Indiana short on honeybees

A cold snap wiped out at least half of Indiana's honeybee hives over the winter. For some beekeepers, the loss was as
high as 80 percent.

Fortunately, most don't look to bees for their livelihood. For them, the decline might mean their hobby will cost them
this year rather than make them a small profit.

But there are a handful of commercial beekeepers in Indiana. And for these small, family-owned businesses, weathering the
setback might be tough.

"The spring of 2006 and 2007 are the worst I've ever had," said Tracy Hunter, owner of Hunter's Honey Farm
in Martinsville. "This is pretty bad."

Indiana last year had 6,000 hives, which produced 324,000 pounds of honey, according to the U.S. Department of Agriculture.
That's just two-tenths of 1 percent of the nation's honey production.

Nowadays, honey production is just one way beekeepers make money.

In the early 1990s, a parasitic mite epidemic virtually wiped out the wild bee population and also took a large toll on kept
bees. After that, orchards and farmers started renting hives to make sure their trees, melons and pumpkin crops were pollinated.

While the extra money from hive rentals helps, it's no panacea for a struggling industry.

Rapture of the bees?

Indiana beekeepers have taken the biggest hits from mites, which continue to decimate hives. When mites strike, dead bees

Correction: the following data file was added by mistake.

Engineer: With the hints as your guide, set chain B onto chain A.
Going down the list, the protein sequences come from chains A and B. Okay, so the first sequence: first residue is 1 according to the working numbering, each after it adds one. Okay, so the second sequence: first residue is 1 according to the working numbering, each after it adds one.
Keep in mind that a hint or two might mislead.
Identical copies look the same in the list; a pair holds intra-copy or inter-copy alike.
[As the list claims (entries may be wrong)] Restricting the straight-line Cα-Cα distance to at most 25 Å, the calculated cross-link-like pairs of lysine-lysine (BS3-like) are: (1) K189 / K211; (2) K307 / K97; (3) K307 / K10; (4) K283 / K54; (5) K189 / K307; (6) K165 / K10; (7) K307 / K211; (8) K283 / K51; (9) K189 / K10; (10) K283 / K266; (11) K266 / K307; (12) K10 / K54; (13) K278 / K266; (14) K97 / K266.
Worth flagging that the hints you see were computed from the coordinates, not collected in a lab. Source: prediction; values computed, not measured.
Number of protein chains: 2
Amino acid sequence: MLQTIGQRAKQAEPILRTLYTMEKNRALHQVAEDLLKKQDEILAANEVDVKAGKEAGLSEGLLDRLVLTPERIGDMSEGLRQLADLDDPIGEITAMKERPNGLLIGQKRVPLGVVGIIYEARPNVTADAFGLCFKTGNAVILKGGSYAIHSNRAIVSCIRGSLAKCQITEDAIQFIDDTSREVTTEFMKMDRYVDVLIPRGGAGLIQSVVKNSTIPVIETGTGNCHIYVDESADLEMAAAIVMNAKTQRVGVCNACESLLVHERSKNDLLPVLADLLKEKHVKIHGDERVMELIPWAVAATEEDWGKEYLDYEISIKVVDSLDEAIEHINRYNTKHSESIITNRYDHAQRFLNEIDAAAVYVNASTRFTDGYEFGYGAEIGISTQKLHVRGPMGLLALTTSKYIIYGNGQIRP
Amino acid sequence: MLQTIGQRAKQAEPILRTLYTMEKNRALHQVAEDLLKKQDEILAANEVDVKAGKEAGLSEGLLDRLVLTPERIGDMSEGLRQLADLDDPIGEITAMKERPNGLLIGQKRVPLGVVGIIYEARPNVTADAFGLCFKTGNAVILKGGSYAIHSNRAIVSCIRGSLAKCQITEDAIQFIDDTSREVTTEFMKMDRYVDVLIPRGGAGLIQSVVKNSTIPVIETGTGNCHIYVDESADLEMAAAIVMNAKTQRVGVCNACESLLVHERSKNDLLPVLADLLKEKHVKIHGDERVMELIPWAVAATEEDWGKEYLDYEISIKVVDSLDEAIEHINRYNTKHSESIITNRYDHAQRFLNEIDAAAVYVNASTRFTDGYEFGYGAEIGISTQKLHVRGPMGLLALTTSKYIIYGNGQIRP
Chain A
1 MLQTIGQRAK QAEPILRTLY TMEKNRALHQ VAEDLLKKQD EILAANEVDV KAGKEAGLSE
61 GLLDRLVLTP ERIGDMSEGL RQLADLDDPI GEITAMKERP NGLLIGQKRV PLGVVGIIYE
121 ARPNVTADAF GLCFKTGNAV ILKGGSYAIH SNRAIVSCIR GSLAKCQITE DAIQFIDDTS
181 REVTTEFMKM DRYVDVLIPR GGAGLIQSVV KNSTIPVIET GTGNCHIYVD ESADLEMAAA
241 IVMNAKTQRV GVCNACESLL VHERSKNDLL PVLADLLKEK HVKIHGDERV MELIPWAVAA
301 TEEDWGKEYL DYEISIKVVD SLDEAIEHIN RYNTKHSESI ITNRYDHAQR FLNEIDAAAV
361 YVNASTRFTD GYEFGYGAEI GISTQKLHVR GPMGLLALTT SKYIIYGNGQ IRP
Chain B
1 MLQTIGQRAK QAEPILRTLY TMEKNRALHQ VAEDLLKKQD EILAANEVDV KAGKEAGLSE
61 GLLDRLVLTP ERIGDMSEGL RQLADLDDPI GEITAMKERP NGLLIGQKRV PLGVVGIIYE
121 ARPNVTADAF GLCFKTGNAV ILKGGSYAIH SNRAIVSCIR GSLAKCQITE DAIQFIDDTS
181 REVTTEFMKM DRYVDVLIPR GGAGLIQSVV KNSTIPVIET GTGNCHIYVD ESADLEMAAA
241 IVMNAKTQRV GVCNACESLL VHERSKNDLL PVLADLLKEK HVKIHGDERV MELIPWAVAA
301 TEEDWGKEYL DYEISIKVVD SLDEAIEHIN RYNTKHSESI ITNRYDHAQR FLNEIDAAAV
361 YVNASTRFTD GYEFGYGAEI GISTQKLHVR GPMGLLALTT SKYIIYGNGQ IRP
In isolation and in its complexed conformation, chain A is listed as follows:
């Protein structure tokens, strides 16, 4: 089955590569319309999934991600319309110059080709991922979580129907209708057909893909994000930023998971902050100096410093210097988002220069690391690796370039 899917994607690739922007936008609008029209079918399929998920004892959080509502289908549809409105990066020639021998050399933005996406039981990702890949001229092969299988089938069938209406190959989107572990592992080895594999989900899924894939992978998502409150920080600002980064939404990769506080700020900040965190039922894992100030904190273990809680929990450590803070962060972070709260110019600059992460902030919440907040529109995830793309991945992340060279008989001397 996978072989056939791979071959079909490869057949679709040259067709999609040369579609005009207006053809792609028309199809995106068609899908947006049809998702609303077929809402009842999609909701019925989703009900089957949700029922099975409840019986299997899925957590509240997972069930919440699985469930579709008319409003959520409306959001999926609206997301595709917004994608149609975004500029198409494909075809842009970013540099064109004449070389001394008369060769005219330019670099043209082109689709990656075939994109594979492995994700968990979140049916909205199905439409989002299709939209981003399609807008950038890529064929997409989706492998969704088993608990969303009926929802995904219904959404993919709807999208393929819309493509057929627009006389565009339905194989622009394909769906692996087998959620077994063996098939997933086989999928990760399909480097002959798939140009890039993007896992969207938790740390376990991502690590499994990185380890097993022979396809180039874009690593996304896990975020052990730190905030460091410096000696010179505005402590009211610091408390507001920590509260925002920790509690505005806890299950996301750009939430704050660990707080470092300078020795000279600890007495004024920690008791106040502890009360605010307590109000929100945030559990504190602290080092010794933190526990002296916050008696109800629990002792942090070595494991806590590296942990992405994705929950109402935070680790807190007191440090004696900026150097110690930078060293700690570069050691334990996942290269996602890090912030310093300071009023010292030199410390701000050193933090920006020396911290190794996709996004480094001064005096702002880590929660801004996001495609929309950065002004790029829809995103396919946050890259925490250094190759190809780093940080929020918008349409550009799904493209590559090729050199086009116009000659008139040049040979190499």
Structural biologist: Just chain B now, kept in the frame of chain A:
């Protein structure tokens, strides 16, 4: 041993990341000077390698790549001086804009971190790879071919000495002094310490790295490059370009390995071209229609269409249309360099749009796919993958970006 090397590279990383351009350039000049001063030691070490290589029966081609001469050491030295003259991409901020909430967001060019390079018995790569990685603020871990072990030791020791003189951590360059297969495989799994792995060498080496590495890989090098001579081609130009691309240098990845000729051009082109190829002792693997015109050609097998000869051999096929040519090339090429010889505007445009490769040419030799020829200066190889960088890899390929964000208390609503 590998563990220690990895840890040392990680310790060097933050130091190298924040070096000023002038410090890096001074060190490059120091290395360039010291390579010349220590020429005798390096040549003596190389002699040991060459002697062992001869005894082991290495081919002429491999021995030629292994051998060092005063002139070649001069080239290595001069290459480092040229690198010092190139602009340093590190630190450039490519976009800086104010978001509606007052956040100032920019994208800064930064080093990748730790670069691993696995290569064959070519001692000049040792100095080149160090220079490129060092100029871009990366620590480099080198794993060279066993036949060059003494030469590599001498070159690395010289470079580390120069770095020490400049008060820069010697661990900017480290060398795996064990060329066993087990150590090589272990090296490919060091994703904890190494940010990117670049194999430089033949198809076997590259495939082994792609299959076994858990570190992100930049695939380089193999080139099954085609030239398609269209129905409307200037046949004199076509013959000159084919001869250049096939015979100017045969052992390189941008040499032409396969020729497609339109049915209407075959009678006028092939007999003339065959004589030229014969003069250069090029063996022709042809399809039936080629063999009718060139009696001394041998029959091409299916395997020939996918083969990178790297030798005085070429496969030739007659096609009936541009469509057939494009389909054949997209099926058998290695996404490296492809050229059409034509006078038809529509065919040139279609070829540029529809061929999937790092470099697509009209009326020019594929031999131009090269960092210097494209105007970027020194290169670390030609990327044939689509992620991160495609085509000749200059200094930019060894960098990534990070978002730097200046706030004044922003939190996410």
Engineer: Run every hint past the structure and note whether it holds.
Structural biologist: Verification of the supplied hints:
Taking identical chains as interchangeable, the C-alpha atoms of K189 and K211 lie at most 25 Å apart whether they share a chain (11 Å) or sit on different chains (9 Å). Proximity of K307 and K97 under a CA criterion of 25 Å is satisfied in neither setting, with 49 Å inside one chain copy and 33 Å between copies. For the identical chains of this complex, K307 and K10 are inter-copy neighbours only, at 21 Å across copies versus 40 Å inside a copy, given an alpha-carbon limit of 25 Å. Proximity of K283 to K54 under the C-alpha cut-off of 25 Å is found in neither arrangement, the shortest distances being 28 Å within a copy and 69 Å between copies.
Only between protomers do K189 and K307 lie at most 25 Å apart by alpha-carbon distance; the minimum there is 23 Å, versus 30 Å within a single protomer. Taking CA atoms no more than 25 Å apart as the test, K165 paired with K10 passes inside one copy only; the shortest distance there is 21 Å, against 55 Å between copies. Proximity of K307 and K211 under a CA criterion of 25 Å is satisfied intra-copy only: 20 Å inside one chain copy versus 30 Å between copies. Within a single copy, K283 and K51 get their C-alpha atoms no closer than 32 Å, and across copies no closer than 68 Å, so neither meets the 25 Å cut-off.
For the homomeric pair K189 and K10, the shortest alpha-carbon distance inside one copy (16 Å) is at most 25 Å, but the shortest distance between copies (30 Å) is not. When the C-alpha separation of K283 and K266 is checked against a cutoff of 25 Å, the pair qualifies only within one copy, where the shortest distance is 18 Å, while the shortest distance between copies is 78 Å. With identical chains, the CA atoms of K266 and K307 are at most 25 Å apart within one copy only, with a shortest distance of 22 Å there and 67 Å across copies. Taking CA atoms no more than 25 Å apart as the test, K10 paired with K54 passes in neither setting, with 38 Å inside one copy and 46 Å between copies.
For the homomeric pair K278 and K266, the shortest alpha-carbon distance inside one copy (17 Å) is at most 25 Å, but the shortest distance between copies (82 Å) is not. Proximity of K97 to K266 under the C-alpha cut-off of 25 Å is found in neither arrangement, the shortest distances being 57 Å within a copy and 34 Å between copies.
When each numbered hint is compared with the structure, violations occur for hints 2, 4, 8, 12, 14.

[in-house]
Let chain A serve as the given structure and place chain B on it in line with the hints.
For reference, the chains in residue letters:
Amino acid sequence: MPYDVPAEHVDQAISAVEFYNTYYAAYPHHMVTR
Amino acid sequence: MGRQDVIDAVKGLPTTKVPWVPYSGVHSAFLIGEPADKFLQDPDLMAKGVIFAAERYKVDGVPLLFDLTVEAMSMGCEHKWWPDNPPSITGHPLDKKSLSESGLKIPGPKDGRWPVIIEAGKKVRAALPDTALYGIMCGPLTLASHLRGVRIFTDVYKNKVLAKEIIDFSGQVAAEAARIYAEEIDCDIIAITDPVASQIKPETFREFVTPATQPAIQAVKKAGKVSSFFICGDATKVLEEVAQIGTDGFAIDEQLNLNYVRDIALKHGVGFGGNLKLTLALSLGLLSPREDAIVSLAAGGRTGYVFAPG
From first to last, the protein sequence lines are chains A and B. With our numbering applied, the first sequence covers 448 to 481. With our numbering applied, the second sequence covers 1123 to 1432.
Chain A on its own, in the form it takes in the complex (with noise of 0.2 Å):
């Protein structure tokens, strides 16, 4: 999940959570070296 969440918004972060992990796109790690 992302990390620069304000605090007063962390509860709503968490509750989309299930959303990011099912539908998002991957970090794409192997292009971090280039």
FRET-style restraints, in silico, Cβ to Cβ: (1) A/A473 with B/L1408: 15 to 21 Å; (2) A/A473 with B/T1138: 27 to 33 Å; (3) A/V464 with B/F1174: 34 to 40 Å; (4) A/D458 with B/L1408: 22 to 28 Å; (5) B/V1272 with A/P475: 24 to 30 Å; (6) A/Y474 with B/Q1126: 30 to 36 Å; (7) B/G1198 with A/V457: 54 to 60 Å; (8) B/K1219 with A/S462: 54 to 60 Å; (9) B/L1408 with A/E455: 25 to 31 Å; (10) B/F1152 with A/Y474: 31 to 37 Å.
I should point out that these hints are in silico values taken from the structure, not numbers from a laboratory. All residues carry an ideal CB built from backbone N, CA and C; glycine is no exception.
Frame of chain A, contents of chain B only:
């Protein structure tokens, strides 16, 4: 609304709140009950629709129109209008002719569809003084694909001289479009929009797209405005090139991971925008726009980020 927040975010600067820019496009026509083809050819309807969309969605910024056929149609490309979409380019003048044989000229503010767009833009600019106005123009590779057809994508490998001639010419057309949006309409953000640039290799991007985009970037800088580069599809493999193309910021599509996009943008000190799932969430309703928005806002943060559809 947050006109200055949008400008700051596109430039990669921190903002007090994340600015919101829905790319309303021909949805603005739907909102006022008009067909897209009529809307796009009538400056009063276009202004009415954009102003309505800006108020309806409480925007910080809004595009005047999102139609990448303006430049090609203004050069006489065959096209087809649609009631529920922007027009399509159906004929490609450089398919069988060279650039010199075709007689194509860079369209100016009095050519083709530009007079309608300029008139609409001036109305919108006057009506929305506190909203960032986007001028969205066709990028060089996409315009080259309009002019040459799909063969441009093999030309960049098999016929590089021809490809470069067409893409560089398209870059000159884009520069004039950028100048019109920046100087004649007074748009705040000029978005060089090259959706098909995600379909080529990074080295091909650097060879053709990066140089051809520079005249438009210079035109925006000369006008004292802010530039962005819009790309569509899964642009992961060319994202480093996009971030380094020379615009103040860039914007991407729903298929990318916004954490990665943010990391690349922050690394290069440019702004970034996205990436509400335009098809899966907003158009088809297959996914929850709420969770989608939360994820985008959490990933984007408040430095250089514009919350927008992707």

pile up.

This year, a February cold snap killed off many hives because the bees were unable to move well enough to get to the stores
of honey they needed to eat.

It could be a lot worse. Indiana so far has no confirmed cases of a mysterious–and alarming–plague that has struck portions
of the United States. The unidentified disease causes bees to disappear.

Typically, when bees die in a hive, corpses remain, providing clues as to what happened. Other bees come in to raid leftover
honey, and wax moths invade to lay eggs.

But with the plague–called Colony Collapse Disorder–the bees simply vanish, and other bees and moths won't touch what's
left. Some beekeepers have dubbed it the "rapture of the bees." Theories on the cause have ranged from a fungus
to signals from cell phone towers.

"The mystery is that the bees go out and just don't come back–there's nothing to examine," said Steve
Doty, president of the Indiana Beekeepers Association Inc., which runs beekeeping classes and holds regional meetings.

At least indirectly, Indiana beekeepers are feeling effects of the disorder–since it limits the availability of replacement
bees.

And some beekeepers in the state suspect it has struck here. They say mites and bad weather aren't enough to explain
all the state's bee deaths.

At least one Indiana report of the disorder has been lodged with an online survey maintained by Montana-based Bee Alert Technology
Inc.

"We have just been inundated with people wanting to buy bees," said Tom Eisele, who runs a commercial pollination
business with 1,400 hives in Westfield. "We've never had a year where everybody has lost so many hives."

Living off honey

About 95 percent of beekeepers in the state are hobbyists, said Doty, a General Motors retiree with 17 hives.

Most years, the Fortville resident is able to make a profit selling honey from home and to local health food stores. But
in tough years, he has to buy bees to repopulate his hives and loses money.

Rob Green–who runs the not-for-profit Indiana Beekeeping School as well as a small, for-profit honey-products business and